The country’s largest funds have been banking capital reserves in the 100s of millions of dollars and many are continuing to increase these reserves well above the amount required by the regulator, a consulting firm’s preliminary analysis has shown.

Some of the country’s largest funds have substantive multiples of their operational risk financial reserve (ORFR) set by the Australian Prudential Regulatory Authority (APRA) at 25 basis points.

Of the top 25 funds [ranked by assets under management] three funds have more than 200 basis points in reserves including the mandated regulatory amount, four funds have more than 100 basis points in total and 10 funds have double or 50 basis points in total reserves, the analysis showed.

While some funds have attached reserve accrual to areas including investments, administration insurance, fund development and the like, a handful of funds including QSuper, Sun Super, Cbus and IOOF have accrued general reserves materially above the regulated risk reserve amount, publicly available information has shown.

“It’s prudent to provision for the unexpected and it’s reasonable to expect that from time to time things may go wrong and that remediation activity might have costs associated,” said David Bardsley (pictured), KPMG Australia’s operations advisory partner, who shared his findings with Investment Magazine.

The KPMG preliminary analysis is based on publicly available data collected during the 2019/20 financial year sourced from APRA fund level superannuation statistics cross referenced with individual fund financial statements.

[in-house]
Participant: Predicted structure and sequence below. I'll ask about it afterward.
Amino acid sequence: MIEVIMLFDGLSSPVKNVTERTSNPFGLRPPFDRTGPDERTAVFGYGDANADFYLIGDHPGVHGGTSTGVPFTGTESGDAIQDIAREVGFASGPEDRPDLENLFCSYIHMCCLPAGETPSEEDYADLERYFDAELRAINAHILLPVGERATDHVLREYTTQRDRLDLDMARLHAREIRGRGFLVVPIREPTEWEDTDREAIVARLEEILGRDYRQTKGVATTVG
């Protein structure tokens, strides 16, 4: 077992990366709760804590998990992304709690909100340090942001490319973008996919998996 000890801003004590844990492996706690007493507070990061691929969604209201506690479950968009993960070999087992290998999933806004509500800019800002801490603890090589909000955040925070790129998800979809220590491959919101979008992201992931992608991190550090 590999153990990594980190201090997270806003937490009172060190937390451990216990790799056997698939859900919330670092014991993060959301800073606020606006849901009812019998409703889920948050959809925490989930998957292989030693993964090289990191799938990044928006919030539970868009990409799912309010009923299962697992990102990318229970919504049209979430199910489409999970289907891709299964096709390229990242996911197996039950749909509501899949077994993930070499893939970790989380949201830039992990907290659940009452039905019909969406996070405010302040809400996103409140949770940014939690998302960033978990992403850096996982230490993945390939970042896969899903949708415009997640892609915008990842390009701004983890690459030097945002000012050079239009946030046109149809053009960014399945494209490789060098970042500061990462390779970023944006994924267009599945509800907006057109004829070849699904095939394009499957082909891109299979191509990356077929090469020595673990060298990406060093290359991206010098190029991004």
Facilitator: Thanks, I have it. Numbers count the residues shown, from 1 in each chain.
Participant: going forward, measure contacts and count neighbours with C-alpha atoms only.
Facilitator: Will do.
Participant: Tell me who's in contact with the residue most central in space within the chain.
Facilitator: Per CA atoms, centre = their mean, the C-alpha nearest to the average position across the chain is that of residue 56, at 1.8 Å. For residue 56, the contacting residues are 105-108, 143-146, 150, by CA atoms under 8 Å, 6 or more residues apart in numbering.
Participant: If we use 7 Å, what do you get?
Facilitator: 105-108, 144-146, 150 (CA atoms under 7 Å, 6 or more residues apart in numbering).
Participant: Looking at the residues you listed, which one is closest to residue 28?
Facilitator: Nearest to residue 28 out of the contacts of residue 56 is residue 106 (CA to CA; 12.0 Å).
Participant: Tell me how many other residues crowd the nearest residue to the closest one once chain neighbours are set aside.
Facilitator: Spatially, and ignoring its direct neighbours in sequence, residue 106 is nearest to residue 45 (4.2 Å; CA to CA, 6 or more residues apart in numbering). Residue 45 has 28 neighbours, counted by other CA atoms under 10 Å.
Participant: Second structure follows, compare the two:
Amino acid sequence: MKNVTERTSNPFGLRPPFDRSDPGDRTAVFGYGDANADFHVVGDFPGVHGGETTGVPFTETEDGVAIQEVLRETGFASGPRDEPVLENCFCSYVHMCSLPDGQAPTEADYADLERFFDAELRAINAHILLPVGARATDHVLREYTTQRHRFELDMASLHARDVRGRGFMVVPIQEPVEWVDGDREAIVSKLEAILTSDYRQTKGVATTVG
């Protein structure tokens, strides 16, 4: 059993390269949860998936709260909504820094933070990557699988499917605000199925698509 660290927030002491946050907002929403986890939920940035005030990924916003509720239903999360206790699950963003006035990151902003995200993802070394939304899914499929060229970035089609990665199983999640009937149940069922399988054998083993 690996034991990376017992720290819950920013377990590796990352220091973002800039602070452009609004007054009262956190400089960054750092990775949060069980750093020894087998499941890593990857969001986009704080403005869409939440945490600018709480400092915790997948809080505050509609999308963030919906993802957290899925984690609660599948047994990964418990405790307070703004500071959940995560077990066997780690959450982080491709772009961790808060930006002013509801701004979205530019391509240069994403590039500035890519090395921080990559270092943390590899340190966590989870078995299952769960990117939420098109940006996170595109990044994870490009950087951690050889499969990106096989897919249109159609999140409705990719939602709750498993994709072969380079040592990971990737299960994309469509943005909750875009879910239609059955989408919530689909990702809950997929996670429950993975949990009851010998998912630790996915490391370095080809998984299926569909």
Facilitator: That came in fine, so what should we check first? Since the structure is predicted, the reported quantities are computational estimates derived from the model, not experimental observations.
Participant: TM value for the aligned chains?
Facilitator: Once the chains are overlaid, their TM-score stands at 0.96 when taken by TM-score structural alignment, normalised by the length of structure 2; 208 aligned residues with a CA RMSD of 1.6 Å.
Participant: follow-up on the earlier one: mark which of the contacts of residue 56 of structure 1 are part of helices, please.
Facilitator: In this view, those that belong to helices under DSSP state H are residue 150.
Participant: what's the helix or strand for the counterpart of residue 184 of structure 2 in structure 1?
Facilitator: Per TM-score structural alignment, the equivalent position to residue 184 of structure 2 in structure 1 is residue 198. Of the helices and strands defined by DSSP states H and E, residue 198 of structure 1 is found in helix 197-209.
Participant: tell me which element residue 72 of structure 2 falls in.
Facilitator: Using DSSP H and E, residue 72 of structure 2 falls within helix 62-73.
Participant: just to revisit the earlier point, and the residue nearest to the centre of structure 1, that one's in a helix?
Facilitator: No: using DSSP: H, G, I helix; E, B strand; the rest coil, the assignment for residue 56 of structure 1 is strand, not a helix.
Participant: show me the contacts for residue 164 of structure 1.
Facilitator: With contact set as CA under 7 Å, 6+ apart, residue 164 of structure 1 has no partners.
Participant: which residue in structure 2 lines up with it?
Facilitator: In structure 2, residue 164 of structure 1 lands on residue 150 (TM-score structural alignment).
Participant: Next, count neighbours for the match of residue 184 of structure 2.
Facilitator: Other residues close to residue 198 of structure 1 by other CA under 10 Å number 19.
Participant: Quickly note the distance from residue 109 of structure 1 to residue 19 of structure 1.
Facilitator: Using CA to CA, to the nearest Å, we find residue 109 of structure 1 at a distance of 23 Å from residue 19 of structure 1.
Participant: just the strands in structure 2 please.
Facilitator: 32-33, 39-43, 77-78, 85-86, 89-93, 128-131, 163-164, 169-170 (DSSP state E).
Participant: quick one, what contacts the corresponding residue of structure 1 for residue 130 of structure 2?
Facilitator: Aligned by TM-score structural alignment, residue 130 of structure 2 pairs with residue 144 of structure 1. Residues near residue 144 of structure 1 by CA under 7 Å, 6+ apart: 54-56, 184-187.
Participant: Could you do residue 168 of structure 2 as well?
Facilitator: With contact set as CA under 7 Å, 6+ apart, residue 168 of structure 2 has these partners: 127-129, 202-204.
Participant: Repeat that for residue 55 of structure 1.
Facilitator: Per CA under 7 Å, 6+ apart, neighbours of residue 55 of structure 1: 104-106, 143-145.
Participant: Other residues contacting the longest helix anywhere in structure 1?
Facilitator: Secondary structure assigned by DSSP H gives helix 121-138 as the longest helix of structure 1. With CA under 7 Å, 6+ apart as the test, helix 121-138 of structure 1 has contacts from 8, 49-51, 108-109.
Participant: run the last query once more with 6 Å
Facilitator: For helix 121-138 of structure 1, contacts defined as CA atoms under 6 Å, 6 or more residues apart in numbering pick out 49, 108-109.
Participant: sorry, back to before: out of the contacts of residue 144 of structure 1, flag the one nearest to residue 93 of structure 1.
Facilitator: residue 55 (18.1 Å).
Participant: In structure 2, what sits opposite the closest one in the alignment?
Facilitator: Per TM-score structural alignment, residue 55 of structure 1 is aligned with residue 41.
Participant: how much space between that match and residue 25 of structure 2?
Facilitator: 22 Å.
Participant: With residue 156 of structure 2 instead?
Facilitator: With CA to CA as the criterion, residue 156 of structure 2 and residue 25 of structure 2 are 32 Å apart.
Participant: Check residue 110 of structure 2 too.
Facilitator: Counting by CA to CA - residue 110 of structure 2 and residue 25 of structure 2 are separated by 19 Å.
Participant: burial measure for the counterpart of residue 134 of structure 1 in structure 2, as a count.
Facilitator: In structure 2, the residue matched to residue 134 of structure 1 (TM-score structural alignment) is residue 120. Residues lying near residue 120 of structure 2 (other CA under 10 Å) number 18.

“Provisioning and setting aside reserves in the event things do go wrong is good business and members and shareholders alike in industry and retail funds respectively should expect this,” he said.

The focus on fund risk reserves has increased in light of new civil actions brought against profit for member funds in recent months where lack of access to balance sheet means members account balances are at risk of erosion in cases where potential penalties and remediation arise.

Conversations about risk reserves and general financial reserve accrual are getting more frequent among fund executives and is a prominent consideration in merger discussions, people who advise funds have said during a series of background interviews on the topic.

Whether funds can use general or other reserves to pay penalties or remediation is not clear and may need to be tested next year when super trustees will be prevented from using member funds to pay penalties for a breach of the Corporations Act or other commonwealth law from January 1, 2022.

Smith is head of content and managing editor of Professional Planner and Investment Magazine.
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